I am really not sure what to say, but I had to share this. Almost 30 years ago, the comic strip Doonesbury featured a two week series about a single woman, Marcia, who decided that she was tired of looking for Mr. Right, and was going to celebrate her new freedom by holding a singularity ceremony, complete with flowers, a minister, invitations and “bridal” registry:
(The whole series can be viewed at GoComics.com.) The strip was an acerbic commentary on dating and social expectations in the 1980’s; it was funny and sad and so over the top I assumed it was satire. Until today.
Yesterday, the Guardian ran an essay entitled I Married Myself. In earnest prose the photographer Grace Gelder describes her engagement:
Not that I could say with any certainty how exactly I’d found myself in the rather surreal scenario of proposing to myself on a park bench on Parliament Hill last November….I’d been on a journey of personal development using meditation, dance and performance to increase my self-awareness. Included in this was a Shakti Tantra programme focused on sexuality and how this was bound up with making agreements with yourself and other people. Sitting on that park bench, it dawned on me that a self-marriage ceremony witnessed by other people would potentially be this massively powerful means of making those agreements stick.
She goes on to describe planning the ceremony, buying a dress and picking out a ring. It culminates in a ceremony sealed with a kiss:
It felt like a really big deal saying my vows, which were mostly about me promising to take more risks in matters of the heart. I remember really paying attention to the words as they left my mouth and it felt like they were hanging in the air. Equally, the ring, a less spontaneous purchase than the dress, brought home to me this idea of commitment, sealing the deal if you like. The day was obviously centred on me, the final event being a mirror for me to kiss, but it also felt like I was sharing something very special with my friends, giving everyone an opportunity to reflect on their own ideas of love and commitment.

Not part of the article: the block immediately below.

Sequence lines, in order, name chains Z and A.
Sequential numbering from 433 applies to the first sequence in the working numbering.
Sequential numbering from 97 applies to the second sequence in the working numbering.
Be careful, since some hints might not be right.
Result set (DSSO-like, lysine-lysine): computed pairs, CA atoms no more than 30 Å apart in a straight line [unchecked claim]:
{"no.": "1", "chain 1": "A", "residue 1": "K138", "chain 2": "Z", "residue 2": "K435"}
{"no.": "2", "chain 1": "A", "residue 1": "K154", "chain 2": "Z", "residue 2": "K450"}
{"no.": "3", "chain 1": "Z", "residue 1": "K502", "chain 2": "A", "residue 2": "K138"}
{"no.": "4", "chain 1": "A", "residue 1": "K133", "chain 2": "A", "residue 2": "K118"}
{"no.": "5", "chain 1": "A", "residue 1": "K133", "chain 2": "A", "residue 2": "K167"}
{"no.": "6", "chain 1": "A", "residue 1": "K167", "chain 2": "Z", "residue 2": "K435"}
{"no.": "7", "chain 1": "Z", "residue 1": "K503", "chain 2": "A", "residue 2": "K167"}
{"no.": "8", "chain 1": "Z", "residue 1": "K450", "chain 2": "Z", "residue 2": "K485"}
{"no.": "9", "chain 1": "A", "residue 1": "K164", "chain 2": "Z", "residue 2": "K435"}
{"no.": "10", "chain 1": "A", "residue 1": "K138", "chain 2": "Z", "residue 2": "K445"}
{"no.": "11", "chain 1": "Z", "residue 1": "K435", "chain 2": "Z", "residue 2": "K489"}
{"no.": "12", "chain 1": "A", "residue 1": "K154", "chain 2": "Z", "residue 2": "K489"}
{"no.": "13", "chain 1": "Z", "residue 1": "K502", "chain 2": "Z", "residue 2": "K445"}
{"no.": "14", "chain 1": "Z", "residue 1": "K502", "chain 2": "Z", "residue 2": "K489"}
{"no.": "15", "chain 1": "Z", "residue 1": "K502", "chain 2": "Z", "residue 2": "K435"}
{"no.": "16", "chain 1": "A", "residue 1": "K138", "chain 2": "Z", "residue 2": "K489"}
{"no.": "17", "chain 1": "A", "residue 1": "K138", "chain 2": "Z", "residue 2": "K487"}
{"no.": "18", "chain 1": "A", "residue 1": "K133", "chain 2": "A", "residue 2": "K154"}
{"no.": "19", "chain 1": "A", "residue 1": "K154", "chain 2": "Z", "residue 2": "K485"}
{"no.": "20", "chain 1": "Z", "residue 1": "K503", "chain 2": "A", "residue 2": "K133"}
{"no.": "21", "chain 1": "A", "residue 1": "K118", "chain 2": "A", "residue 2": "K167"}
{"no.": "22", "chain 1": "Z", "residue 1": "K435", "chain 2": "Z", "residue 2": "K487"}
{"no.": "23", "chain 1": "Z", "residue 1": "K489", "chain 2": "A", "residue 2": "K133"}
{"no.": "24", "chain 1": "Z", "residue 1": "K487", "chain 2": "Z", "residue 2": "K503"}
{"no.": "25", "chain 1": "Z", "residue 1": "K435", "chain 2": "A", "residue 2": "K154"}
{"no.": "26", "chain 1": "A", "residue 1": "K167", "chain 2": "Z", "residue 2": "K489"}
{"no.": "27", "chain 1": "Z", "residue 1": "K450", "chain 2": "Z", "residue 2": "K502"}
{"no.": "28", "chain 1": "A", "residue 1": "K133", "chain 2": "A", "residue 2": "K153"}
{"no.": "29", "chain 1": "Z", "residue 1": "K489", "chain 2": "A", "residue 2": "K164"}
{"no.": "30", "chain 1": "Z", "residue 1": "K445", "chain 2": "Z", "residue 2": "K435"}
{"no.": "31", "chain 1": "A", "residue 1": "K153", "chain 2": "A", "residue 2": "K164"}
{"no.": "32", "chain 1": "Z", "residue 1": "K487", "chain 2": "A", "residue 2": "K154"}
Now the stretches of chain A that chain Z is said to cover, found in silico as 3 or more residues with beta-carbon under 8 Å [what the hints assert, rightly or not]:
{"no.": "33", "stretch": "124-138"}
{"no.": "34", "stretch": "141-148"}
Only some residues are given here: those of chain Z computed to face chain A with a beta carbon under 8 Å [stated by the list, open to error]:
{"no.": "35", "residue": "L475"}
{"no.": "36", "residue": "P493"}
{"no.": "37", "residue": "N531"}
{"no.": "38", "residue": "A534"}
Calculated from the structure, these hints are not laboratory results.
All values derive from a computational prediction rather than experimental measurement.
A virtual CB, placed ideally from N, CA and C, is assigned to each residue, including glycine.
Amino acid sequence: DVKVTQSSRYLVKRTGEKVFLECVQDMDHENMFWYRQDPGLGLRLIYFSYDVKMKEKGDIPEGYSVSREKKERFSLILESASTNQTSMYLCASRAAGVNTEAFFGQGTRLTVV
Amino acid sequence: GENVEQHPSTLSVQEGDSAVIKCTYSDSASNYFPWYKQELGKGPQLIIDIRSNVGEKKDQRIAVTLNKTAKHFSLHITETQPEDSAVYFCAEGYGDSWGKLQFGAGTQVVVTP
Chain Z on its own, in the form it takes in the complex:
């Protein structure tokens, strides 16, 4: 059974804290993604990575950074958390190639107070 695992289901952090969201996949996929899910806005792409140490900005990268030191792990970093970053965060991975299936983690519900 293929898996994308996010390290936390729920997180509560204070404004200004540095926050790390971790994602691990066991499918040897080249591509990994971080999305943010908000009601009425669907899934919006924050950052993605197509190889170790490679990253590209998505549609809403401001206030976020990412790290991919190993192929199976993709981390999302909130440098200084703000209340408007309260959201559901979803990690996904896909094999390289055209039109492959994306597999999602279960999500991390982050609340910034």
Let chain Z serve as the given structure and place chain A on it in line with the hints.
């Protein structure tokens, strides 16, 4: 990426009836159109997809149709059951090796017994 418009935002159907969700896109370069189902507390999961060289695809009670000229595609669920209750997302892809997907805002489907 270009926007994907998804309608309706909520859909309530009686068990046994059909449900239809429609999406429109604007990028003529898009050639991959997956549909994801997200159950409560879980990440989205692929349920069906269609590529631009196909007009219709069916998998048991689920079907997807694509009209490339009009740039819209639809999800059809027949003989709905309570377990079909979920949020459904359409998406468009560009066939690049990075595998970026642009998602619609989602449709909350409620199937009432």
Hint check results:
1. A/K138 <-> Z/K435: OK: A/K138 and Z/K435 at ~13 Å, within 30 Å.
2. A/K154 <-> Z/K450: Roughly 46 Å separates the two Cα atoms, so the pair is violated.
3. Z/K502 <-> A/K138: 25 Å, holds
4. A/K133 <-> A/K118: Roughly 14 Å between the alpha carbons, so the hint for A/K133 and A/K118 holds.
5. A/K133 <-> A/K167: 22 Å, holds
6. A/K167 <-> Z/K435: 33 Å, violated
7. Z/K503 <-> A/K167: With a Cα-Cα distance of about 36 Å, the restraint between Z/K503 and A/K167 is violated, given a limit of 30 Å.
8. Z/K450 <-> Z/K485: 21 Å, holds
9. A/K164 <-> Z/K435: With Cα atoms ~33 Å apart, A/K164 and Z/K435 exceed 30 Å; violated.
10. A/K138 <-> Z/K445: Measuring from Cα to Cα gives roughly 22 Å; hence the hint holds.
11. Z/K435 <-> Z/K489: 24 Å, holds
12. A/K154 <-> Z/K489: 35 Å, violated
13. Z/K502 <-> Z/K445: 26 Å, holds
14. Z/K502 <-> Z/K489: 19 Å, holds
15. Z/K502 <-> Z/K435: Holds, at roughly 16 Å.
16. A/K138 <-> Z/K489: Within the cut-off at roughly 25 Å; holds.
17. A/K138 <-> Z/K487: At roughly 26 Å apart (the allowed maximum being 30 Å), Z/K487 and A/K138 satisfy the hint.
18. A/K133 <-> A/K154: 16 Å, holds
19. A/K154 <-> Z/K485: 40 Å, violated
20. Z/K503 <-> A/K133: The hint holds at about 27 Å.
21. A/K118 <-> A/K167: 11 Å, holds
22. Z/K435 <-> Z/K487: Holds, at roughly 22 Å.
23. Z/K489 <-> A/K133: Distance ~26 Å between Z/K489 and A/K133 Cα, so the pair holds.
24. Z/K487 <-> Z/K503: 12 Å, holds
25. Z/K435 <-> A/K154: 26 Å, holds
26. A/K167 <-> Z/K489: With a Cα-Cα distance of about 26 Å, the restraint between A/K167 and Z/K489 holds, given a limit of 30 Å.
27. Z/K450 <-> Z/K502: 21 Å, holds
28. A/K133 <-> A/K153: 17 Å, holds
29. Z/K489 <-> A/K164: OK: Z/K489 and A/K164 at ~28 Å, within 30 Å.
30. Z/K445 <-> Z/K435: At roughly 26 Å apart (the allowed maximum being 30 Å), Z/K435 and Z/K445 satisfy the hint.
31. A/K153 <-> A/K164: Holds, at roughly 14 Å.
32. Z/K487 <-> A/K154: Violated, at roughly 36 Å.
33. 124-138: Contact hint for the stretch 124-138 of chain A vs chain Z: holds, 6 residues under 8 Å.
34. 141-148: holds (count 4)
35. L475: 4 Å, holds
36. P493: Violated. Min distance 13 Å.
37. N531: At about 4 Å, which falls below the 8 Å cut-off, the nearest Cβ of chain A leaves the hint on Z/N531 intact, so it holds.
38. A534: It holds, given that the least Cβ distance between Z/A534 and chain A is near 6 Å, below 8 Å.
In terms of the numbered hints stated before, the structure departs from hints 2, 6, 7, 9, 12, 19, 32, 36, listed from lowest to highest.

Someone, please!, help me understand this. It would be very easy to turn on the snark and mock this woman for her self-absorption and lack of understanding of the meaning of marriage. And maybe that is all that is going on. But something is telling me that there is more going on here and that on the eve of the Synod on the Family, it is important to try to empathize with this woman, and more importantly, try to understand the cultural forces which shaped this decision. This is the culture to which we must bear witness, but before we can do that we have to meet them where they are—wherever that is.